My latest Technology Integration Partnership (TIP) took place at O.L. Smith with Ms. Megan Timpf. Ms. Timpf teaches language arts to five classes of lively 8th graders, and is currently beginning her unit on narratives.
One of Ms. Timpf’s main focuses at the beginning of the unit is on academic vocabulary. Having students make connections in order to understand and use their academic vocabulary well is important to her. And because the 8th graders already utilize iLearn in her class, Ms. Timpf decided to try and digitize her academic vocabulary assignments. This is where things got interesting.
Ms. Timpf and I brainstormed ways to make the vocabulary more meaningful to her students, and came up with the idea of using the Glossary module in iLearn. Each student created his or her own glossary, and entered the mandatory vocabulary words and definitions. Up until this point, the iLearn glossary wasn’t much different than a paper and pencil glossary. But then the fun began.
During our lesson in using the Glossary module, we showed the students how they could add images, videos and recordings to their glossary definitions. For most students, this was a very welcomed change from the everyday paper and pencil model. They began looking for images and video clips that would help them connect the vocabulary to real world situations, and adding them to their glossary. The talk in the room was animated and thoughtful. Students searched for and evaluated images and video clips and carefully selected those that helped them connect the academic vocabulary to the real world. Because each student’s connections were unique, there was a wide variety of video clips and images used.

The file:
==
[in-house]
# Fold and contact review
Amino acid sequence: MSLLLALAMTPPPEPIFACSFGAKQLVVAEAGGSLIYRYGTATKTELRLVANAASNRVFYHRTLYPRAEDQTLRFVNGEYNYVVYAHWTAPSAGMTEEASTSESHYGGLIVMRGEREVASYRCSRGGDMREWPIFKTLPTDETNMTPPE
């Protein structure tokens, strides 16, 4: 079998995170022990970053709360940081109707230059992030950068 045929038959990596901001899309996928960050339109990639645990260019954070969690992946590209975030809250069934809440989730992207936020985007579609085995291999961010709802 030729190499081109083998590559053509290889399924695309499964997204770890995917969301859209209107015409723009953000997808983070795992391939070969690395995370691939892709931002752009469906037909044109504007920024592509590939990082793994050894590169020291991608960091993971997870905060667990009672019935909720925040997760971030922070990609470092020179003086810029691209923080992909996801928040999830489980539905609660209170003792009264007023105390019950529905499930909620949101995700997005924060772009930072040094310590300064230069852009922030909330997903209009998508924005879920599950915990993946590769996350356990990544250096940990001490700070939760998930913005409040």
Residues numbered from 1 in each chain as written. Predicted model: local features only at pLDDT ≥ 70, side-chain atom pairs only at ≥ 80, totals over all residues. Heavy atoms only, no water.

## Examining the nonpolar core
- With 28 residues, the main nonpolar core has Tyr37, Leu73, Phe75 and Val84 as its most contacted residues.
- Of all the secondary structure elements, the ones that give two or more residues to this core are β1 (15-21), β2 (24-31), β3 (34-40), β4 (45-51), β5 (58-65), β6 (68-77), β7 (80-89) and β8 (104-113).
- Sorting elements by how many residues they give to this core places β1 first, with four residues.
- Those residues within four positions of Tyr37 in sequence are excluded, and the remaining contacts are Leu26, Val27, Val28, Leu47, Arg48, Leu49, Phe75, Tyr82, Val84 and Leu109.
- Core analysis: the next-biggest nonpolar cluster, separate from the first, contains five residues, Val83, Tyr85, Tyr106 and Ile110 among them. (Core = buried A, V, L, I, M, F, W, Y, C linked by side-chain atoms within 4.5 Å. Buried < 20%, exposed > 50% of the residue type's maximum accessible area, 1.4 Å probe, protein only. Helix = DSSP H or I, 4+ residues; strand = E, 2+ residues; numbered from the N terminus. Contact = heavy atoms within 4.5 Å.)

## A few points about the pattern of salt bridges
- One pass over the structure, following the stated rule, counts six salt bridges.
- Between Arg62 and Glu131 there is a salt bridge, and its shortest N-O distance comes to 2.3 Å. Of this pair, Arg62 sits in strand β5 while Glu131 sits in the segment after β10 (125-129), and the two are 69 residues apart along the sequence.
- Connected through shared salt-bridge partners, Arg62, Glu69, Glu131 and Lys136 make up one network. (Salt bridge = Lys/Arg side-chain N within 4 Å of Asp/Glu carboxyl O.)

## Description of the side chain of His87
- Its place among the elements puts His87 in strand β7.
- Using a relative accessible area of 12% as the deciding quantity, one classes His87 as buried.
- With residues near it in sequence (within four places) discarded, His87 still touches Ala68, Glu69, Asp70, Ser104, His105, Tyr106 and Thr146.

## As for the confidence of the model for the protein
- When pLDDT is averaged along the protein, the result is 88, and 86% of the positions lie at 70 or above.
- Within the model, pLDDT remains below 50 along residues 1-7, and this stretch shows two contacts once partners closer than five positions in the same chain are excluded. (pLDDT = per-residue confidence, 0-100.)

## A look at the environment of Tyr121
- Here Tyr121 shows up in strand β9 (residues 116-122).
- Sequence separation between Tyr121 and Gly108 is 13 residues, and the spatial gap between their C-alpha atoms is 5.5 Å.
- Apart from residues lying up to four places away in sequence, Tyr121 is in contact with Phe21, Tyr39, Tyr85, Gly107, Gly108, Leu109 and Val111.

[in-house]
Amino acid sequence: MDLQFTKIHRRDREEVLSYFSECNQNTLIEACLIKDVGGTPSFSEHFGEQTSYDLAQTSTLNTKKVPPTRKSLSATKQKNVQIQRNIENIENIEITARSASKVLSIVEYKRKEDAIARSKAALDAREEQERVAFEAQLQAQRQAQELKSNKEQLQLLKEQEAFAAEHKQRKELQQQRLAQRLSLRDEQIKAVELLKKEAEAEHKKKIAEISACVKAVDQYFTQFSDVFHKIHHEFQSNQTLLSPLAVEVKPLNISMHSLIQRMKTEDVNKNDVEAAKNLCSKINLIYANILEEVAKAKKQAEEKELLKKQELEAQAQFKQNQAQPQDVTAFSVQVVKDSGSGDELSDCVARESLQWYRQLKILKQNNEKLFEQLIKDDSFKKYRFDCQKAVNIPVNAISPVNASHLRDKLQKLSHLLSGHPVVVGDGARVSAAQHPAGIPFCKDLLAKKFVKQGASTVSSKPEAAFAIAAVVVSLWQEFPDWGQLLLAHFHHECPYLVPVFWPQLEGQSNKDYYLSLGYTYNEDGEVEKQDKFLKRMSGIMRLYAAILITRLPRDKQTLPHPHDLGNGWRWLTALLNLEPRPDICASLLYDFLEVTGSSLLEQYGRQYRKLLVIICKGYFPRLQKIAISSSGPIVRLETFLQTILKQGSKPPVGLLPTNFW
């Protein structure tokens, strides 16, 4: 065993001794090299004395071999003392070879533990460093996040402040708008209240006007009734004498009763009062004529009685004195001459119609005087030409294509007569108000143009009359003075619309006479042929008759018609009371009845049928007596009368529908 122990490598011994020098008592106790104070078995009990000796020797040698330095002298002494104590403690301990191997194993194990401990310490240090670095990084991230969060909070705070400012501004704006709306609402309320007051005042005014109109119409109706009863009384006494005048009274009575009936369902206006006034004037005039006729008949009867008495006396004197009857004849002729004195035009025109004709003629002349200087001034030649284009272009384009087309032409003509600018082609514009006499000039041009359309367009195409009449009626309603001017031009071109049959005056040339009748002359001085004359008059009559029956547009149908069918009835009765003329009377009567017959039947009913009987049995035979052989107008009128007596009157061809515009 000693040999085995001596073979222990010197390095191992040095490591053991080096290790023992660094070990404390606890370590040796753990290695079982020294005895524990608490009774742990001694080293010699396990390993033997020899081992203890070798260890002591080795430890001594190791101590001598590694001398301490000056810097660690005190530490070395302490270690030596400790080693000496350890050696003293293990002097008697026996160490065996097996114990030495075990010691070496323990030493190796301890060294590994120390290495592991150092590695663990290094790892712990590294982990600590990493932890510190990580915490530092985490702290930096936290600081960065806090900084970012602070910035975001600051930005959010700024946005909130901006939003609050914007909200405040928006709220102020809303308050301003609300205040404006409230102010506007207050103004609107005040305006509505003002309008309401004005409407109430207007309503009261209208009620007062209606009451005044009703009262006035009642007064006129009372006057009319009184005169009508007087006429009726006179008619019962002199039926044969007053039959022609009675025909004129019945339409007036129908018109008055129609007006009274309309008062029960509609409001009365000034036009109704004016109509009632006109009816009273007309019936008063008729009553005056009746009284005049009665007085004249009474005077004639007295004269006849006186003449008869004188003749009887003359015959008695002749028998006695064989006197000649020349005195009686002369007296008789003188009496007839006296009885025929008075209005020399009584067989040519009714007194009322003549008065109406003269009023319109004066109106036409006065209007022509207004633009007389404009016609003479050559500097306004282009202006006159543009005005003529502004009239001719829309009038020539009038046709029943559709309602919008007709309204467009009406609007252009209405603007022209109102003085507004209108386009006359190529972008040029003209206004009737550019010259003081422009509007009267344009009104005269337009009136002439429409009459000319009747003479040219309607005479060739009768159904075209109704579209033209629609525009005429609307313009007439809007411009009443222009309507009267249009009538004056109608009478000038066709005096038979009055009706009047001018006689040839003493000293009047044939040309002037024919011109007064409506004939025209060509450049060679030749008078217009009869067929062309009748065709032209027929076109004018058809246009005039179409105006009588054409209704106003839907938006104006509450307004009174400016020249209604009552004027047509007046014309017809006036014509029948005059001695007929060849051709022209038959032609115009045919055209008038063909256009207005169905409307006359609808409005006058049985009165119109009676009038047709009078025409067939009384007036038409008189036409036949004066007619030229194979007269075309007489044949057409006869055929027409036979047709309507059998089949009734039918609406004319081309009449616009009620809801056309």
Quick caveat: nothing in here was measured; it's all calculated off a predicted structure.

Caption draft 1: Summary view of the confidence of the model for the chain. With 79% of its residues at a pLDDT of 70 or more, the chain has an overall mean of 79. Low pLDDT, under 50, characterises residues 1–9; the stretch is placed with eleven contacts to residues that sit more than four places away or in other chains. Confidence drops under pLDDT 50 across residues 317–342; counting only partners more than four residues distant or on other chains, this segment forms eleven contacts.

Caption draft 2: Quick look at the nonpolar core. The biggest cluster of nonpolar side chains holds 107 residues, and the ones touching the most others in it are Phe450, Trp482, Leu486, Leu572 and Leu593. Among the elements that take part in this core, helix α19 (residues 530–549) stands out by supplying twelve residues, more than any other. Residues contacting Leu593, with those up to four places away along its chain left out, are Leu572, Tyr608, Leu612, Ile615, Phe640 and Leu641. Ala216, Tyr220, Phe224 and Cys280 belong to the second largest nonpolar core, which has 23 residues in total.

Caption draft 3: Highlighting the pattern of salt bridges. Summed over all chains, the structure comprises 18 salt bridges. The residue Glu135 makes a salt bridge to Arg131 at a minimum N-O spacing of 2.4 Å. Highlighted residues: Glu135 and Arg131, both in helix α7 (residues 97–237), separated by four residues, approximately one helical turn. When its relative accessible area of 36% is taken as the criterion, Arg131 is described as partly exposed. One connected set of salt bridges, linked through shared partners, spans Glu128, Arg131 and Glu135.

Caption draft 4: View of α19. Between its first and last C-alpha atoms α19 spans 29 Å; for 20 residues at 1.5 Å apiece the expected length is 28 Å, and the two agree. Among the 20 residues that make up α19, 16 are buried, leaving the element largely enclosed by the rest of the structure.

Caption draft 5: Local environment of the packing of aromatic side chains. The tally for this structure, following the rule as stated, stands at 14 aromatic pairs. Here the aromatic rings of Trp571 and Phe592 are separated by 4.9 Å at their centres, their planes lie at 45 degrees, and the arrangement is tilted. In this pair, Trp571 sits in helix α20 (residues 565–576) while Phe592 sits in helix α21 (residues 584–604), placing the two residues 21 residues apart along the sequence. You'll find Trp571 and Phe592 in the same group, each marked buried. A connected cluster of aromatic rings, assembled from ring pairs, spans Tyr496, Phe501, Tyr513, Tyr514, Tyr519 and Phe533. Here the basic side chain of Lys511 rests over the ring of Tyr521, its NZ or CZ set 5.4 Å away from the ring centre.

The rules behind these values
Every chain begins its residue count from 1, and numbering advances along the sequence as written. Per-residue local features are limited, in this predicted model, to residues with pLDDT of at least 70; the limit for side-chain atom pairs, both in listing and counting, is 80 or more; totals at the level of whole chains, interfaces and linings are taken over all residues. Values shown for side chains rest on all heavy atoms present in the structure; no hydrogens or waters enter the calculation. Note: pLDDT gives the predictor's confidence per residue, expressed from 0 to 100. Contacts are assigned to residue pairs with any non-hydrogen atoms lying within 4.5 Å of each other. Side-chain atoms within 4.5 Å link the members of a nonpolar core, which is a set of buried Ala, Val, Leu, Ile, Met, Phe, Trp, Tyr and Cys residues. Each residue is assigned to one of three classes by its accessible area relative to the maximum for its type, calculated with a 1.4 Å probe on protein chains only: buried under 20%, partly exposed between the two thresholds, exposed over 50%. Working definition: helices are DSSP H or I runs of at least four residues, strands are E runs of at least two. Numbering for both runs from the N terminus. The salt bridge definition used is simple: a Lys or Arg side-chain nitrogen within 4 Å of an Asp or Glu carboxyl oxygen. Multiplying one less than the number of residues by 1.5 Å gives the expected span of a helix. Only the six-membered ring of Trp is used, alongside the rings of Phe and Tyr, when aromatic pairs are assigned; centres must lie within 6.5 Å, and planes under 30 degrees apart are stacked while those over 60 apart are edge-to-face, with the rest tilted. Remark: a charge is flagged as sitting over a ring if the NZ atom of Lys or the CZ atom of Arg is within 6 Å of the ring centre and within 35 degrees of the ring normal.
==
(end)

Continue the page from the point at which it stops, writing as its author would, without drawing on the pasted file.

Multimedia brought a traditional, yet necessary, vocabulary activity to life, and provided an authentic learning experience for these fortunate 8th graders.
Want to learn more about incorporating a multimedia glossary into your classroom? Contact the Tech Coach today!